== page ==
A large convoy of military trucks and cars have been driven into Shenzhen, 25kms from Hong Kong, in readiness for another day of protests by the pro-democracy demonstrators at Hong Kong International Airport.

By Ian Horswill


Posted on August 13, 2019

Protesters have planned to converge in their thousands for the second day running on Hong Kong’s international airport at 1pm (local time), after their pro-democracy demonstrations yesterday caused all flights that had not completed check-in procedures to be cancelled, together with arriving flights that had not yet taken off.

Hong Kong International Airport has already cancelled 160 outbound and 150 inbound flights for today. Yesterday, 180 flights were cancelled as a result of the action by anti-government protesters, who flooded the arrivals hall and departure areas, and another 45 flights that were expected to arrive were also cancelled.

China have been preparing for another day of protests today by driving a large convoy of military vehicles and cars to Shenzhen, which is 25kms from Hong Kong, after Chinese officials called for the authorities to exercise an “iron fist” in tackling “violent crime” in Hong Kong.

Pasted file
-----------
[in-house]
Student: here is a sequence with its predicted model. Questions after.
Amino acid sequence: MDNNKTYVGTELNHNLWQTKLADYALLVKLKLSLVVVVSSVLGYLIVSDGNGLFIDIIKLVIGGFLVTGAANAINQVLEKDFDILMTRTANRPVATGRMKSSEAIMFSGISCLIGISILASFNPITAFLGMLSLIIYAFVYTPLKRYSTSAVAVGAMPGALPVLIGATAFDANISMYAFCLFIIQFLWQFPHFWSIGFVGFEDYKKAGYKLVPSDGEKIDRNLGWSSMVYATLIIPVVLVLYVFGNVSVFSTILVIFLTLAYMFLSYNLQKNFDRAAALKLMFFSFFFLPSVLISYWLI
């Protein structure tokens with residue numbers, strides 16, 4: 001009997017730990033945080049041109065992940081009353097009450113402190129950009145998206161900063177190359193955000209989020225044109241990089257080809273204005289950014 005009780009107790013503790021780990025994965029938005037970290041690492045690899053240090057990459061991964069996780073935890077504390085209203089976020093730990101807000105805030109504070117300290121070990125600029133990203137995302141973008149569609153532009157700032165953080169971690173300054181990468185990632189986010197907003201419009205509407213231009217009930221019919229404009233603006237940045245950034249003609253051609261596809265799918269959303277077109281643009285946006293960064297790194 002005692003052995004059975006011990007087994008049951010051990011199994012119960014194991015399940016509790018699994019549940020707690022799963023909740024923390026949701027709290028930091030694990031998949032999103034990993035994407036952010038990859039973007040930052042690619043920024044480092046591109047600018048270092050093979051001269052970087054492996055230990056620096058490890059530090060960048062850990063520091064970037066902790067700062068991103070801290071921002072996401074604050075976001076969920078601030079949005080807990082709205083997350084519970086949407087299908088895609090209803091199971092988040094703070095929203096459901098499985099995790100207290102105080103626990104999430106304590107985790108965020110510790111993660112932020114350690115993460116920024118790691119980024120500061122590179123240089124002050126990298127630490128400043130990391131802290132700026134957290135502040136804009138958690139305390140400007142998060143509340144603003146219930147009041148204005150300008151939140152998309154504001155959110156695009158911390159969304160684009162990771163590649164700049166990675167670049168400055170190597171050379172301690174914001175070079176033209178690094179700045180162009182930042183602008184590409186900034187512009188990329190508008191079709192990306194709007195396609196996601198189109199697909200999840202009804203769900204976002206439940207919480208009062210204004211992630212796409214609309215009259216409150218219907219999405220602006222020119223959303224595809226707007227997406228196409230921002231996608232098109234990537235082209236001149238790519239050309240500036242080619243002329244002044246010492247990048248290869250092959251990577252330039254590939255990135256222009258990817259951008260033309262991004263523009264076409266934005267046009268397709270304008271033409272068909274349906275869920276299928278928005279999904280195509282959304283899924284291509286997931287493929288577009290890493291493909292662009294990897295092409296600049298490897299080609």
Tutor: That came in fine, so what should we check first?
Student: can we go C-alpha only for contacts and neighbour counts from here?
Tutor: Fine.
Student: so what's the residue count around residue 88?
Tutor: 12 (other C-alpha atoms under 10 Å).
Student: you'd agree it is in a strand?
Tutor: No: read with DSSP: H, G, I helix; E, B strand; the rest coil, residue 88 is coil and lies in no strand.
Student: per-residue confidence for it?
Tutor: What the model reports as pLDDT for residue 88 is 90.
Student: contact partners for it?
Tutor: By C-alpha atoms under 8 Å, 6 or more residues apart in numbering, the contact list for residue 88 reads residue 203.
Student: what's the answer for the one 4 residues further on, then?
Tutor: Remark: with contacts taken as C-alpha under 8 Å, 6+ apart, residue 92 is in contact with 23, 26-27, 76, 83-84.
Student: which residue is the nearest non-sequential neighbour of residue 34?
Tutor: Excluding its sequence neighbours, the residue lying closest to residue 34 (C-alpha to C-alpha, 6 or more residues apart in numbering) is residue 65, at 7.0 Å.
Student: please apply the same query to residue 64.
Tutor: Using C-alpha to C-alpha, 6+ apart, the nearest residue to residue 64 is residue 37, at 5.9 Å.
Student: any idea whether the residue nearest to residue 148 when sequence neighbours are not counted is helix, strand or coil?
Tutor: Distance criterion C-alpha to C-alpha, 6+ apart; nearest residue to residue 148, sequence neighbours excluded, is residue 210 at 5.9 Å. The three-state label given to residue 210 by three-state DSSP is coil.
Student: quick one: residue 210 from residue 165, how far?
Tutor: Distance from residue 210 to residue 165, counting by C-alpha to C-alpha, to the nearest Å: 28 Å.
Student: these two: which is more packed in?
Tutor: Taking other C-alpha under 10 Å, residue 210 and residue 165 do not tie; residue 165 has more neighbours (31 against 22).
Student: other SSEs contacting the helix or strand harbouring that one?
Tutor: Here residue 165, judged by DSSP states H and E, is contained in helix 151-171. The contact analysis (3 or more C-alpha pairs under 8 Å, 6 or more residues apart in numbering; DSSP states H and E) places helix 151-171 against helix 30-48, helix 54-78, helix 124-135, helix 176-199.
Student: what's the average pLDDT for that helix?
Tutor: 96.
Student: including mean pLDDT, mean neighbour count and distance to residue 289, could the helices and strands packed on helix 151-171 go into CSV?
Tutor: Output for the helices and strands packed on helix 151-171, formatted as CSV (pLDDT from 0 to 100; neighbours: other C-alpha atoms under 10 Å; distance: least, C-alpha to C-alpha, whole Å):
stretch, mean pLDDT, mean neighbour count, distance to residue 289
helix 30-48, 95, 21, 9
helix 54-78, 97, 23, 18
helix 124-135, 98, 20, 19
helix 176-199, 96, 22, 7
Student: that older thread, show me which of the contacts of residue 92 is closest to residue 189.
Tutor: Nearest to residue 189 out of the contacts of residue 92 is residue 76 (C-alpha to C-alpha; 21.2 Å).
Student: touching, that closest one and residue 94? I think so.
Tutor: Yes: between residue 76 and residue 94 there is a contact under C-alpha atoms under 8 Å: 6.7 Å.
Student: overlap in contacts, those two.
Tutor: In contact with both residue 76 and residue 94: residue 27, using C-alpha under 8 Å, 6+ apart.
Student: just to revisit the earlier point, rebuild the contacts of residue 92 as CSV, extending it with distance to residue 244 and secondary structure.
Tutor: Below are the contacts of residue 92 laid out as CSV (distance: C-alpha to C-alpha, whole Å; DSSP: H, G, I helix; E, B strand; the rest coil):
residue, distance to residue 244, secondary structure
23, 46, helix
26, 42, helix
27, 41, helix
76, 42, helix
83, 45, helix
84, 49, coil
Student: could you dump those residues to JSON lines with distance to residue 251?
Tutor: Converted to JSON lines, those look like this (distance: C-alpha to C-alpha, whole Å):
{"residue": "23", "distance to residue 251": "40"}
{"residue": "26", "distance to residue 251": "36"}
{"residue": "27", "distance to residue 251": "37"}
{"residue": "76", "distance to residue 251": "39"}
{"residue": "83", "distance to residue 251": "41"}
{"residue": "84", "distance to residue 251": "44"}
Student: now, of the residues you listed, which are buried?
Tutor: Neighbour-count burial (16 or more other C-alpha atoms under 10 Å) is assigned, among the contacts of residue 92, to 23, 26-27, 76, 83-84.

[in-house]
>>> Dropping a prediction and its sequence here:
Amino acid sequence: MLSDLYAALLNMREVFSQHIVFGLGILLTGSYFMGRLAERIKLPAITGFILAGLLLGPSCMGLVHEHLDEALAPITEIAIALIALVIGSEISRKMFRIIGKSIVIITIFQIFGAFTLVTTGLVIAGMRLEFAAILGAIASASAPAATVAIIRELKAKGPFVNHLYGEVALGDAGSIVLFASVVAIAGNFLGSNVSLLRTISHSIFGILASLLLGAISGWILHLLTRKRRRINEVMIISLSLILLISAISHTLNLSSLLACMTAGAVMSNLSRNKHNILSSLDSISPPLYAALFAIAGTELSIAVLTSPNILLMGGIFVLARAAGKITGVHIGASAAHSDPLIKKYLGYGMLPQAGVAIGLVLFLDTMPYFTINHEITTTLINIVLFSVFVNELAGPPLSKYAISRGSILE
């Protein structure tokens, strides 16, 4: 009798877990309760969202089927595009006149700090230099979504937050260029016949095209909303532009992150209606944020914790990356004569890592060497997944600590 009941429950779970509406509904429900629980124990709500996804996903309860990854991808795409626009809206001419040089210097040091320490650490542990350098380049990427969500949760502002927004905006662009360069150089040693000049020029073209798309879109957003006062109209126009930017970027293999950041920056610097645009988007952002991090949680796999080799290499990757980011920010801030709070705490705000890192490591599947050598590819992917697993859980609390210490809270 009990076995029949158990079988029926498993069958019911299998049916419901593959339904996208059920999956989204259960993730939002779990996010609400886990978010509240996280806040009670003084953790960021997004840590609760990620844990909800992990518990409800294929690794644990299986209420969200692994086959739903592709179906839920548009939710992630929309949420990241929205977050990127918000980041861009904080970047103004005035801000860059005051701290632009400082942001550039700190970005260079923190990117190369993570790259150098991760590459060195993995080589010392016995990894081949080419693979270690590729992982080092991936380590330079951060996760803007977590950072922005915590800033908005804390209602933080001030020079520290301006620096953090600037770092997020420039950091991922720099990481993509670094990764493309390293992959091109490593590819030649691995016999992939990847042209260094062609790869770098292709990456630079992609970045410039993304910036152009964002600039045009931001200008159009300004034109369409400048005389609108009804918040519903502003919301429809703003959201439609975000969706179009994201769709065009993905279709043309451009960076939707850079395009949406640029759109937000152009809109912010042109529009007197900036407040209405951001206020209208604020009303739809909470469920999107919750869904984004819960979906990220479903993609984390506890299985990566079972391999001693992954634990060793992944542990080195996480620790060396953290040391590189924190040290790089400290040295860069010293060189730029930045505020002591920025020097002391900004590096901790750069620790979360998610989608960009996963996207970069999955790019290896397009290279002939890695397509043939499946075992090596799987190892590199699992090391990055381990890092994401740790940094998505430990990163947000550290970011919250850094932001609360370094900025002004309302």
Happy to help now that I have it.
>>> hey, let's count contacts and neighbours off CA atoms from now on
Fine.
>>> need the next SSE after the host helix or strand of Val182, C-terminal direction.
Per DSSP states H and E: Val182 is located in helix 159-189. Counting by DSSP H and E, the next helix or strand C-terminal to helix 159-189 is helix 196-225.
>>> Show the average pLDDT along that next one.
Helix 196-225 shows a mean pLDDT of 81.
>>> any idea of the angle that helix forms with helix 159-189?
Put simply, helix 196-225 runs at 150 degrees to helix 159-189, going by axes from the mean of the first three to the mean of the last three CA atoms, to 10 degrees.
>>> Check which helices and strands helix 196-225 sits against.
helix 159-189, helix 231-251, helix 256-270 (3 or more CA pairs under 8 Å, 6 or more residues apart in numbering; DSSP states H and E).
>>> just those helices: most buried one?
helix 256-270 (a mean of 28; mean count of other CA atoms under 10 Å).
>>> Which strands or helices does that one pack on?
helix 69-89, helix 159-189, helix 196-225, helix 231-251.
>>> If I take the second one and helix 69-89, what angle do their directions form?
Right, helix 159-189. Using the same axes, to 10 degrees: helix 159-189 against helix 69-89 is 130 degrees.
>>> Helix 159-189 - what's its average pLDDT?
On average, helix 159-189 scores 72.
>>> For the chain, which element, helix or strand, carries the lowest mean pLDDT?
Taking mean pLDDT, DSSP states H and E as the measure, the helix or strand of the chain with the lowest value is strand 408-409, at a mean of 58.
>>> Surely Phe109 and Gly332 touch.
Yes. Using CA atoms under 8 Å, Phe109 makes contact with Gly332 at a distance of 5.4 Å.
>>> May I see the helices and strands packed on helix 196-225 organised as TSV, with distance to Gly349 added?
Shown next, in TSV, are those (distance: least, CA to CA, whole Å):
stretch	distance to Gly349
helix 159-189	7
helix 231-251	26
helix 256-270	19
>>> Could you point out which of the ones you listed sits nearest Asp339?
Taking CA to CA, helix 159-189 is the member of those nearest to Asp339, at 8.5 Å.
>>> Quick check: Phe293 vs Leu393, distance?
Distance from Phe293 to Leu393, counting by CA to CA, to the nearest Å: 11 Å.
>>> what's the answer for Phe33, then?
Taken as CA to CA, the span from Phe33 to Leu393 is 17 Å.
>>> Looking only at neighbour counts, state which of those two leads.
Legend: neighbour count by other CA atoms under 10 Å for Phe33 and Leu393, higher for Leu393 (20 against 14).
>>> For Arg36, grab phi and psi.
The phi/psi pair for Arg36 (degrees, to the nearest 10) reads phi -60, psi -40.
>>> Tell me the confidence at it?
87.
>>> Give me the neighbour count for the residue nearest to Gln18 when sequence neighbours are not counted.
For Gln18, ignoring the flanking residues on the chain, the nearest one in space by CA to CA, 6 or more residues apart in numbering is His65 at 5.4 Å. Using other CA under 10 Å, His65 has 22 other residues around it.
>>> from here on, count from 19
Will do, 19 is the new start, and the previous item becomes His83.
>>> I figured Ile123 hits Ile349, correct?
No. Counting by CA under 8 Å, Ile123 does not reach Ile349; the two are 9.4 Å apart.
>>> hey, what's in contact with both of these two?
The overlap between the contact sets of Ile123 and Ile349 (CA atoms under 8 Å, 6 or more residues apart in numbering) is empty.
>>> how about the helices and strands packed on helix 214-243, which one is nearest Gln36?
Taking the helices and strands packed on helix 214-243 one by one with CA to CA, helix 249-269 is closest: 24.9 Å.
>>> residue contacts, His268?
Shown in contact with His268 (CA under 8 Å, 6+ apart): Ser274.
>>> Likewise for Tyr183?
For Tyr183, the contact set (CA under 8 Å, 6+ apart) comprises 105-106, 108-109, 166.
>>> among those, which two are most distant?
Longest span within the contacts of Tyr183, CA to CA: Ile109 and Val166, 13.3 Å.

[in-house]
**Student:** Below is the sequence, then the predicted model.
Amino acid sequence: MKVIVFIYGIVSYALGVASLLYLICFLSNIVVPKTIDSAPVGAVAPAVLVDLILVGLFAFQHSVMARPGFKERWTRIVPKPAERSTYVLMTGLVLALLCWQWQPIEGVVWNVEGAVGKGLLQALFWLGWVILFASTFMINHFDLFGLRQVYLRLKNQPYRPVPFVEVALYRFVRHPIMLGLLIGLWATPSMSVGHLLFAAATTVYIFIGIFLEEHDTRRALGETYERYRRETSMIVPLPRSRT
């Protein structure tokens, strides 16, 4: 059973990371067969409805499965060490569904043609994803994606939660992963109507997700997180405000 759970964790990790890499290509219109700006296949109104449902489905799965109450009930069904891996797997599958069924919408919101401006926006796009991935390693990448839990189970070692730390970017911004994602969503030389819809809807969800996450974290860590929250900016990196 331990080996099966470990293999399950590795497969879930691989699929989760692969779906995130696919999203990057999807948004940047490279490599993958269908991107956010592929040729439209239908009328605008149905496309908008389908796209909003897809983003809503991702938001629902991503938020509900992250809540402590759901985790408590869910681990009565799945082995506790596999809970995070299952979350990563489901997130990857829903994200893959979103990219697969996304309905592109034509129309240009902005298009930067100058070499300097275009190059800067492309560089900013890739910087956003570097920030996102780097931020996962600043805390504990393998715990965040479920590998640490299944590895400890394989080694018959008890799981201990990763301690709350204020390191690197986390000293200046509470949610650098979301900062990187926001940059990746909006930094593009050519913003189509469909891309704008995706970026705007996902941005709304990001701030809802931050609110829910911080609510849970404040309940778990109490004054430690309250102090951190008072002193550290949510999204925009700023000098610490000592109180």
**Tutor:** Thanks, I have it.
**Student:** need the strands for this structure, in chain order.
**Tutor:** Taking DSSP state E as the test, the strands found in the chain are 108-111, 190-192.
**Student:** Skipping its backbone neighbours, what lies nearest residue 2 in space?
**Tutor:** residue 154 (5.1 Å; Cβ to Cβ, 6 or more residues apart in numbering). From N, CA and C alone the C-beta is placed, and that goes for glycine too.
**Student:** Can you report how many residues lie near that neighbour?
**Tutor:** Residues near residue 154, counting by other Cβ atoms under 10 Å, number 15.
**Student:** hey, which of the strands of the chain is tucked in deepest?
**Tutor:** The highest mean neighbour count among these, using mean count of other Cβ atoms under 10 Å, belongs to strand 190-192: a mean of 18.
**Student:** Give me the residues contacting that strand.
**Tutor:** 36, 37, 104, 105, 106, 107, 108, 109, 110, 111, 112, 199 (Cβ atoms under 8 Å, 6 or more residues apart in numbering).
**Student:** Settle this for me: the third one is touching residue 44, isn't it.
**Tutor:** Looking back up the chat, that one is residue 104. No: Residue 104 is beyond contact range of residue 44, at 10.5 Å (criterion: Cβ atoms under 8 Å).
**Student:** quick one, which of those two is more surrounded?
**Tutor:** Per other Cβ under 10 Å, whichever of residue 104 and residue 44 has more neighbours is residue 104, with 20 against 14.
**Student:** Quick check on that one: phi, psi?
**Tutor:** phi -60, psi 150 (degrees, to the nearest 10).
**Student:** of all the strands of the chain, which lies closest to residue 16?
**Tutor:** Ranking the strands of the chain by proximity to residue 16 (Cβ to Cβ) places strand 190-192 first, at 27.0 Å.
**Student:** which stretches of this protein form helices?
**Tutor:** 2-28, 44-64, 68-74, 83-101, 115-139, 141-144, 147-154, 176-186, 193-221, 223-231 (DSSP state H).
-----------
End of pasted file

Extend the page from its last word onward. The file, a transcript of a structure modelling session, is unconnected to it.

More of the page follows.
A video shows roughly two dozen armoured carriers apparently driving through the southern city of Guangzhou and other troop carriers leaving eastern Fujian province.

The People’s Armed Police (PAP) are in charge of “handling riots, turmoil, seriously violent, criminal activities, terrorist attacks and other societal security incidents”, the People’s Daily said in text accompanying the video.

“Hong Kong’s radical demonstrators have repeatedly attacked police officers with extremely dangerous tools,” Yang Guang, a spokesman for the Hong Kong and Macao Affairs Office, told reporters in Beijing, China.

“They have already constituted serious violent crimes and have begun to show signs of terrorism. This is a gross violation of the rule of law and social order in Hong Kong, which is endangering the lives and safety for Hong Kong citizens.

“This wantonly tramples on Hong Kong’s rule of law and social order,” he said. “Hong Kong has come to a critical juncture.”

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There were confrontations in several central districts on Sunday and police used rubber bullets and tear gas in an attempt to disperse demonstrators. Video also showed police officers storming enclosed railway stations before firing tear gas inside and beating people with batons. Hong Kong Police have also admitted infiltrating the protesters by dressing up as demonstrators. More than 600 people have been arrested.

Hong Kong International Airport resumed flights at 8am Tuesday (local time), three hours before the protest is due to resume.

The two-month crisis, which was triggered by opposition to a planned extradition law, has morphed into a wider movement for democratic reform and a halt to eroding freedoms.

It is the biggest threat to Beijing’s rule of the semi-autonomous southern Chinese city since its handover from Britain in 1997 — and has drawn repeated criticism but no forceful actions yet from the central Chinese government.